The marketing challenge

Accessibility v Creativity, the latest challenge for marketing

Adam Aird offers insight into the challenges facing marketers since the introduction of the Disability Discrimination Act.

“Why are so many companies focusing on improving access to their premises without realising that the softer elements of their business, including marketing, need to be accessible to drive customers to their door in the first place?”

This question, asked by Grant Kennedy, chief executive of Direct Enquiries is more important than most marketing managers and business owners seem to appreciate. Whilst improved physical access is vital for businesses, both to drive revenue and meet legal obligations, there seems little point in making substantial changes without communication; and what is the point of communication if your audience can’t appreciate the message? 

Part III of the Disability Discrimination Act (DDA) came into force in October 2004, bringing with it the usual raft of confusion, fear and misconception associated with any new legislation.  Of course there are a small minority who understand the DDA but the greater majority are burying their heads in the sand, plagued by ungrounded fears of costs and upheaval or just unaware of the Act and how it affects them.  Kennedy agrees that there is an awareness problem and more people need to improve access:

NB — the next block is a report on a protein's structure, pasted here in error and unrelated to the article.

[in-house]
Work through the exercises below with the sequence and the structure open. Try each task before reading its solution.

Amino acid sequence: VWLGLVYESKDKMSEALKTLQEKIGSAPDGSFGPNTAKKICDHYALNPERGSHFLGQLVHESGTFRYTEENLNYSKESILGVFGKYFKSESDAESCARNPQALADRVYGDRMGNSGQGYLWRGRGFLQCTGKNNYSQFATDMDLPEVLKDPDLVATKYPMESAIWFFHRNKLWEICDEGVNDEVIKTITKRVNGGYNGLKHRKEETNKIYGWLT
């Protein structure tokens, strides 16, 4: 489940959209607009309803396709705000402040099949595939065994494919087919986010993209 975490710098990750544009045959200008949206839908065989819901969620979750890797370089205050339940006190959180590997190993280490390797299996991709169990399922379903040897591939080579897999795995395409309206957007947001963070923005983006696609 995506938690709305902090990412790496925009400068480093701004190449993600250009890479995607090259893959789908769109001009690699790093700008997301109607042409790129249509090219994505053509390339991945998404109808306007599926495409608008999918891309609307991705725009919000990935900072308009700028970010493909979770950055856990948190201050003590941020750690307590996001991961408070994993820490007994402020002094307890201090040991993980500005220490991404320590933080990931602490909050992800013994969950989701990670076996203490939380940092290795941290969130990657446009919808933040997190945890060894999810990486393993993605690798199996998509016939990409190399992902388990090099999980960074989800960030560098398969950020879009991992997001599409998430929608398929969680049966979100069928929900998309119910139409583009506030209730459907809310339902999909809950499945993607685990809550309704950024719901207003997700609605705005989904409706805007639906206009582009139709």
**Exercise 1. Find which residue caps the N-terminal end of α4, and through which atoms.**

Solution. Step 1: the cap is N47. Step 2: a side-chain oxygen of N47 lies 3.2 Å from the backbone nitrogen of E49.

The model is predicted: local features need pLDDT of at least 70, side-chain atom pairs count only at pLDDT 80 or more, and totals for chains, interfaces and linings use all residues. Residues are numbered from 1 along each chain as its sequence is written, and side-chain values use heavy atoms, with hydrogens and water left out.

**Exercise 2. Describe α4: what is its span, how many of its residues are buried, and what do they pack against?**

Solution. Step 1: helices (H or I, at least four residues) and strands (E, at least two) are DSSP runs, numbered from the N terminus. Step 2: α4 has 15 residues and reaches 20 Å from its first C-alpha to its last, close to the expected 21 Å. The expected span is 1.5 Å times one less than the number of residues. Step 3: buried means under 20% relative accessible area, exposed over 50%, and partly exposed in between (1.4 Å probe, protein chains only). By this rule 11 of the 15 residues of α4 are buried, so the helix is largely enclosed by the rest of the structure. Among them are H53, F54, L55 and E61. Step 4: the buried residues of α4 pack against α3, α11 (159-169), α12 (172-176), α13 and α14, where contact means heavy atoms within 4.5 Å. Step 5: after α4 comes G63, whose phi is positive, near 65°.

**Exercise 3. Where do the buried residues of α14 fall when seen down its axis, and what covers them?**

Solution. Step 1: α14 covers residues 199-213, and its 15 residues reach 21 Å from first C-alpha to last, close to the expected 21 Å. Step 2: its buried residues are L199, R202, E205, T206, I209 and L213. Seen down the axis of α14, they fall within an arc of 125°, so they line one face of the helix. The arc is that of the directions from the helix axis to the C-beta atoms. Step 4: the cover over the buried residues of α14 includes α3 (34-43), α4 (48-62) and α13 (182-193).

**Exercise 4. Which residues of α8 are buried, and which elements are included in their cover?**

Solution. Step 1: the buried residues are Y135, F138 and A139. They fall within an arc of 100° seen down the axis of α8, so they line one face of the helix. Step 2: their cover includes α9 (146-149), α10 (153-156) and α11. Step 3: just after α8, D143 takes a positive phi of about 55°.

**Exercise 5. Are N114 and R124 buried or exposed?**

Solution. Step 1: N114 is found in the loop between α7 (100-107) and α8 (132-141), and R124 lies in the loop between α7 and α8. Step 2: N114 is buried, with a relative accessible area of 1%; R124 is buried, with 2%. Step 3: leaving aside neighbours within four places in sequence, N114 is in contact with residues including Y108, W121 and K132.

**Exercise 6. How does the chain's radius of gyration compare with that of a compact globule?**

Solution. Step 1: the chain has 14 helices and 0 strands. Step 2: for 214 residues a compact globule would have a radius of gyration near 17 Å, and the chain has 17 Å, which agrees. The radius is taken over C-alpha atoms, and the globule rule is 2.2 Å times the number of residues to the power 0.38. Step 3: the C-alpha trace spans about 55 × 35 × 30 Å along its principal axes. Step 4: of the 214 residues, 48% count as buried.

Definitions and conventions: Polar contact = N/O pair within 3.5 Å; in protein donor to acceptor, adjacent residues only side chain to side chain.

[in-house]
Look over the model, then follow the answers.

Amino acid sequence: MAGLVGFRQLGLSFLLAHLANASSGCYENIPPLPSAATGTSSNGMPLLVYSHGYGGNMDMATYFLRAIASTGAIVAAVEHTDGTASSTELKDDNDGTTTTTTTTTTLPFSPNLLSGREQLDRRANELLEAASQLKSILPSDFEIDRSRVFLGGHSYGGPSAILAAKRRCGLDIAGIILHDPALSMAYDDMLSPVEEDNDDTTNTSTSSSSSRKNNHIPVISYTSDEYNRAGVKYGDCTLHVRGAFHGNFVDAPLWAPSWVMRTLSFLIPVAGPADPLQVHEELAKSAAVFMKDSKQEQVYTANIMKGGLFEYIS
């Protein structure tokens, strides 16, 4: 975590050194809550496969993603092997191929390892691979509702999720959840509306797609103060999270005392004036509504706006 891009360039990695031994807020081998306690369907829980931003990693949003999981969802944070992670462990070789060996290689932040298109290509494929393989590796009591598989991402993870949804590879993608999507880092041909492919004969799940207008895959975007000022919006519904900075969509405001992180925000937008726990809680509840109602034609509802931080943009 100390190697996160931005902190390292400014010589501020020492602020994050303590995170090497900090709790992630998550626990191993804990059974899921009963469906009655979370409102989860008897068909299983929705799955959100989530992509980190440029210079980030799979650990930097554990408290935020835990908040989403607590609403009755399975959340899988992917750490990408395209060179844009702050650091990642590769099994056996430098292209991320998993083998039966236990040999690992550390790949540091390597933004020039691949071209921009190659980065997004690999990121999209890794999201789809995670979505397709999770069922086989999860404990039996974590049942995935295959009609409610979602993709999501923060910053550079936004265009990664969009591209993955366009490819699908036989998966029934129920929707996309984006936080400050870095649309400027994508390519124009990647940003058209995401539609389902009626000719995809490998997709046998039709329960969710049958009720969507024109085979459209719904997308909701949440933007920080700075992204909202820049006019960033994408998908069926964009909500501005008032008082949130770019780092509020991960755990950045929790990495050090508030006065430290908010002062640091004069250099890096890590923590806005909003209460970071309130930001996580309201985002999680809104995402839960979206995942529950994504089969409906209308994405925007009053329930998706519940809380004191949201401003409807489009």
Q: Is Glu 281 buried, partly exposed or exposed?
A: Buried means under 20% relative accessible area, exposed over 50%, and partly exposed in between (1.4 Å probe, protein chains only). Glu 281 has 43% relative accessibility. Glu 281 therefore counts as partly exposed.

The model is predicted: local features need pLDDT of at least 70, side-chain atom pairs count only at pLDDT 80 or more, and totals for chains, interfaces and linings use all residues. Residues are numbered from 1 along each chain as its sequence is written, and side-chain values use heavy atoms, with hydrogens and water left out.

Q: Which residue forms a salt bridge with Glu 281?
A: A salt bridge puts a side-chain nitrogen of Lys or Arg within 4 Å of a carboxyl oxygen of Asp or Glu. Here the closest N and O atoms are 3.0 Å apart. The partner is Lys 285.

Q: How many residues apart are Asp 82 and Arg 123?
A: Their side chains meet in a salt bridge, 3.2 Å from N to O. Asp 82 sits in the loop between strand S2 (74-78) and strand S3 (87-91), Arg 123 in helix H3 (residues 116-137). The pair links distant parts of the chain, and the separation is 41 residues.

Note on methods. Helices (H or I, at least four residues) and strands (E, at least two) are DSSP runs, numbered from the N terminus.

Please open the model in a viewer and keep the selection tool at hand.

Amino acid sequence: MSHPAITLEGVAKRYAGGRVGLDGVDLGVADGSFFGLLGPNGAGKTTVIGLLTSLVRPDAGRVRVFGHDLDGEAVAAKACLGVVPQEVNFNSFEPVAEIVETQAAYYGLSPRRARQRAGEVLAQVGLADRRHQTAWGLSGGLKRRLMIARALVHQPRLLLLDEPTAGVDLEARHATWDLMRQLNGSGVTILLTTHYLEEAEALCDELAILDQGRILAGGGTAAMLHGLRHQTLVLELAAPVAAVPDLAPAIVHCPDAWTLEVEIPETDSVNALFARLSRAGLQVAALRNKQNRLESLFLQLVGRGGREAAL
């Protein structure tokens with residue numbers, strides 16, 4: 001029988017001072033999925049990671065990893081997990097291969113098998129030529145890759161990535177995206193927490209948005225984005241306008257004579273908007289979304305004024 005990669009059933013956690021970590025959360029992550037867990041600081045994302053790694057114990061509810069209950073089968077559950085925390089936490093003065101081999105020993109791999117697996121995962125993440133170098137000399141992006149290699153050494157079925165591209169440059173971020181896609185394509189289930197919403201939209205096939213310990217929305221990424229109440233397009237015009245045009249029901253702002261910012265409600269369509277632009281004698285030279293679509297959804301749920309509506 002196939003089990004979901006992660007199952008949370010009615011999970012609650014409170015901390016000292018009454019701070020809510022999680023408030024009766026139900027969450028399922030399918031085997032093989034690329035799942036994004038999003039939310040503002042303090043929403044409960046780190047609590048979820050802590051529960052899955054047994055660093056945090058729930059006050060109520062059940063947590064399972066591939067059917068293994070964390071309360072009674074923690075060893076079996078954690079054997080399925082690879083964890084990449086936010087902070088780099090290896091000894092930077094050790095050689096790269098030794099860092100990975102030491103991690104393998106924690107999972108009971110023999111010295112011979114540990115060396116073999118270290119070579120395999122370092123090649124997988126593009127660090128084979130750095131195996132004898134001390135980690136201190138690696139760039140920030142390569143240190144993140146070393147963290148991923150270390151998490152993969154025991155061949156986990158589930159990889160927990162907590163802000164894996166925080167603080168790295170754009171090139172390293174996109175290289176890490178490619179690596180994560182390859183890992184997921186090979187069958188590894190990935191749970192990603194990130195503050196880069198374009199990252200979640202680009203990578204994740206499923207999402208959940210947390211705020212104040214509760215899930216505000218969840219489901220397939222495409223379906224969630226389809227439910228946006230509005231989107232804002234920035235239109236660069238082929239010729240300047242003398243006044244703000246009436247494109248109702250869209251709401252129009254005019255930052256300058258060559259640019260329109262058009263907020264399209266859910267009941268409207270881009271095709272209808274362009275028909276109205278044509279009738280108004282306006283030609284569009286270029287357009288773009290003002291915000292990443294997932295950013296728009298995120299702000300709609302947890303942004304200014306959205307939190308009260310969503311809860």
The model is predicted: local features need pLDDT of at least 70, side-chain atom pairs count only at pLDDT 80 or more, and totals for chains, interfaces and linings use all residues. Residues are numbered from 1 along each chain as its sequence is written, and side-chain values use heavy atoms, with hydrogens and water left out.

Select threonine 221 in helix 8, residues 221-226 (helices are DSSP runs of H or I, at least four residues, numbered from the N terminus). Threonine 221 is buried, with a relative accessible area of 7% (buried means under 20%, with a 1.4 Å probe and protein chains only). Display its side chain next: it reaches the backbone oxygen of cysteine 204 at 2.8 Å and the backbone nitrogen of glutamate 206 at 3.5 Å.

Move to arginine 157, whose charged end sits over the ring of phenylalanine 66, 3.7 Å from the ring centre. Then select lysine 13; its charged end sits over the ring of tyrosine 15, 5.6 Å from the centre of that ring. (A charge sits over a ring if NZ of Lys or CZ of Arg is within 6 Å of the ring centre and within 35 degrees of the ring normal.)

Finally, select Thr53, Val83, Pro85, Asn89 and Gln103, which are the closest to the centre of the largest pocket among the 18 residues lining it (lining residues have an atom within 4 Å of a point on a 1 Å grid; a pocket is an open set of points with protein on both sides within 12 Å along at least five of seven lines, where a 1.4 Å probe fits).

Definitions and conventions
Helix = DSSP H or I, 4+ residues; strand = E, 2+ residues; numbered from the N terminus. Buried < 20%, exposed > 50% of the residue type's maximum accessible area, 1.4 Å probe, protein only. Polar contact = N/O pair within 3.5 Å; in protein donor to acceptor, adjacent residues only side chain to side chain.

“but it is more than that.  For disabled people and companies to mutually benefit from Part III of the act, there needs to be a shift from being purely about the physical to all elements of the business mix; including adverts, brochures, websites - even e-mails and invoices. Creating a website or new marketing campaign is a waste of time and money if millions across the UK can’t appreciate it.”

Once they have planned for physical changes to their premises, companies need to sit back and look at how they communicate, and a compromise between creativity and accessibility seems to be the biggest challenge.  Hearing Dogs for Deaf People press and pr officer, Gemma Baxter:

“Few countries produce creative advertising like the UK, and the last thing disability charities want to do is smother ideas.  However, design agencies and their clients need to consider their entire audience and budget for alternatives if they want to reach out to as many customers as possible.  This would ensure websites, other information and promotional resources are accessible to all in line with Disability Discrimination Act regulations.”

Matt Butterworth of creative marketing agency Folk concurs: 

“There has been some well-publicised criticism of major websites recently, yet some designers still don’t seem to care. Not only is this arrogant, it’s also missing a major opportunity.  Creativity and accessibility are not mutually exclusive.”

Just one of the companies well ahead of their competitors is Lloyds TSB, particularly when it comes to their physical access.  But they have also realised the need to communicate better,  Adam Gallimore from Lloyds TSB says:

“At Lloyds TSB we are committed to making ongoing improvements to the accessibility of our branches for the benefit of all our customers. However, it's only by clearly signposting the facilities available at our locations that we can make sure our customers get the best possible service.”